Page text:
Cameron Smith has revealed why the looming decision on his playing future is "really hard" as he prepares for Sunday’s grand final against Penrith.
Smith, named in the Dally M team of the year at hooker, continues to set the bar as one of the leading players in the game.
The 37-year-old was asked whether he had felt within himself any sign "Father Time" had caught up with him leading into his eighth grand final and 430th NRL game and the answer was revealing.
"Not really, which is why it makes the decision really hard," Smith said.
"I’ve spoken to a few of my ex-teammates that have now retired and they told me it was just one day they woke up and, in their mind, they didn't want to do it anymore.
Smith to make call on future 'sometime after grand final'
"That was the reason they knew it was time to finish up. I haven’t had that feeling yet. There's lots of things to consider, outside of just how I feel and whether I think I can play on. After this game has finished, I'll do some thinking and make a decision."
Smith took the obligatory question on when he would make a decision on his future, and answered "some time after the grand final", before adding he was unsure whether it would be in its immediate aftermath or in the days and weeks ahead.
One thing that has not died down is Smith’s motivation to succeed, as coach Craig Bellamy outlined.
Match: Panthers v Storm
Grand Final -
Venue: ANZ Stadium, Sydney
"I wouldn’t expect anything else," he said.
"I’ve been around him for 18 years. I don’t know exactly what makes him tick, but at the end of the day I know the competitor that is in him and the great care he has for his teammates and the club in general.
"He is willing to take a little bit of the spotlight. He has always been a great team man. That hasn’t changed.
"You can have your opinion on anything about his career or him, but no one has done what he has done in our game.
"For me, greatness is the quality of your performance and how long has he done it for. No one has done it like he has and it might be a little while before someone does."
The Panthers have three premiership winners in their squad with Zane Tetevano (Roosters in 2018), James Tamou (Cowboys in 2015) and Api Koroisau (Souths in 2014).
The Storm boast 10 grand final winners while six of their named 17-man side are yet to play in a decider.
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Prop Christian Welch has played in two grand finals and lost both.
"The guys that have been there a couple of times before are going to be vital to our side and if they play well then that is going to help the younger boys in their first grand final," Smith said.
Smith has won all his grand finals with Billy Slater and Cooper Cronk at fullback and halfback but he said his 2020 teammates in those positions – Ryan Papenhuyzen and Jahrome Hughes – were ready to help lead the team to victory.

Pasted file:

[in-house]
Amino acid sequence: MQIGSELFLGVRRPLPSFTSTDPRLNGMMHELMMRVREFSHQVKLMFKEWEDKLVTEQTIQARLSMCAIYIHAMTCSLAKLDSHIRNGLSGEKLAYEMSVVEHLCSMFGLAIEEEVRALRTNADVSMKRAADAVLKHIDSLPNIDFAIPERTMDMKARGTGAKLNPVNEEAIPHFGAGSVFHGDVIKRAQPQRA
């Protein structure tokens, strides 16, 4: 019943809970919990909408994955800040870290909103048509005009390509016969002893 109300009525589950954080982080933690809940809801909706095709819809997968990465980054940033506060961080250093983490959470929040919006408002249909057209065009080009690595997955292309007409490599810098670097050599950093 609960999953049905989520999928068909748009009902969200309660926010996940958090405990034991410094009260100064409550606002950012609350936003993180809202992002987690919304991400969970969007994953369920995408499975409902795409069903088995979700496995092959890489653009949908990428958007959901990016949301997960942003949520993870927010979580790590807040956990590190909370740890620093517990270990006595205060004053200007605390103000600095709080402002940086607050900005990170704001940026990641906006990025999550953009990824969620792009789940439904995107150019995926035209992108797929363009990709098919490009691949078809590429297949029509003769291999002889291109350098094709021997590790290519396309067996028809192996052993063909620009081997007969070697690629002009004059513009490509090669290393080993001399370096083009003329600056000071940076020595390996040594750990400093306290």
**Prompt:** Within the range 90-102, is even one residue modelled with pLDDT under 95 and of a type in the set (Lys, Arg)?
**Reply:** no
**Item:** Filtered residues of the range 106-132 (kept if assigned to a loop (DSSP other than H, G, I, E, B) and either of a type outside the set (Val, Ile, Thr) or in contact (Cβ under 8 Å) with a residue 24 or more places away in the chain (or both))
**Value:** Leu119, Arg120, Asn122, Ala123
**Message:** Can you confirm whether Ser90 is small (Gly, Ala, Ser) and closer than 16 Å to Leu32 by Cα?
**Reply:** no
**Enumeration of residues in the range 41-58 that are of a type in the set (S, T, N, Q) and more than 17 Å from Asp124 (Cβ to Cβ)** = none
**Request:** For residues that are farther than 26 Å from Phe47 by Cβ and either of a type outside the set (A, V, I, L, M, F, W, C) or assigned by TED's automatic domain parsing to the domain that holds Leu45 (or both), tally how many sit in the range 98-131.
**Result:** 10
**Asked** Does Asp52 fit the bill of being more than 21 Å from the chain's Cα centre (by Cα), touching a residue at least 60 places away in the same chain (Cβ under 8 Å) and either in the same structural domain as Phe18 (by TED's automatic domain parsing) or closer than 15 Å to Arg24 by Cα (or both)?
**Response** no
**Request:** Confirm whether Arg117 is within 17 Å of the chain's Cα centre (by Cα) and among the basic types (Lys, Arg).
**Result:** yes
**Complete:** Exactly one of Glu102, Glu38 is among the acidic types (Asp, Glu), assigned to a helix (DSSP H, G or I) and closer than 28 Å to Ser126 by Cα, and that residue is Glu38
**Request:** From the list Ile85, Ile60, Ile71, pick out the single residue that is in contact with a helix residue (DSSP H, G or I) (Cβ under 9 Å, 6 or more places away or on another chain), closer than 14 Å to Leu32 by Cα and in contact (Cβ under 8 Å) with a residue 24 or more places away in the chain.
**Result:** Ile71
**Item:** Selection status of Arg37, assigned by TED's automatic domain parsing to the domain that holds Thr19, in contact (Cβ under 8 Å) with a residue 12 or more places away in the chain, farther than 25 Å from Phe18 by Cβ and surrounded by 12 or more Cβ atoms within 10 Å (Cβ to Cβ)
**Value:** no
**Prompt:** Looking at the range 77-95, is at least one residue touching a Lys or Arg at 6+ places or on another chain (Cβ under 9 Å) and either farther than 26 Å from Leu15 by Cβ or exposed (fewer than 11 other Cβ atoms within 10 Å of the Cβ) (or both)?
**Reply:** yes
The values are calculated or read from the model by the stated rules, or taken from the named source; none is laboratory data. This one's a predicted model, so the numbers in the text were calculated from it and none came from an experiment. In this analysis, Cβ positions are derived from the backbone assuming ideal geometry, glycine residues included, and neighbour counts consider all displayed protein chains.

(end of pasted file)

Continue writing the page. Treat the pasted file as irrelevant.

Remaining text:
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"Their form in the last six weeks shows why I have confidence on those players, and not just myself but the rest of the team and coaches as well," he said.
"Those two are wearing famous Melbourne Storm jerseys, the one and the seven, and when Billy and Cooper finished up at our club it wasn’t about trying to find someone who emulated the way they played.
"We are never going to replace those players. We are never going to see another Billy Slater or Cooper Cronk. We had to encourage these young guys to come in and be their very best, and with the coaches guidance that is what we are seeing.
Panthers v Storm - Grand final
"As an older player and captain when I look at the young guys coming into the competition I am looking for improvement year-on-year and those two guys this year have come on leaps and bounds.
"Craig told those two guys at the very start of pre-season, ‘Ryan you are the fullback and Jahrome you are the halfback’ and that gave them an opportunity to try and settle into the team and build combinations with the players around them.
"Now we see the result of a lot of their hard work."
Bellamy was unsure whether prop Tui Kamikamica would play after recovering from an ankle injury and training with the main group this week.
"We are thinking there is a real good chance he will play but he’s got to get through a couple of other sessions and the one today will have more intensity than the first two so we will see how he goes and pulls up."
The Storm team will fly to Sydney on Saturday afternoon with 60 staff and family members arriving on Sunday. They will all fly back late on Sunday night to the Sunshine Coast.
The club will hold its presentation evening on Tuesday night and then on Wednesday the players will join Origin camp or be able to break the club's biosecurity bubble to take a well-earned break.
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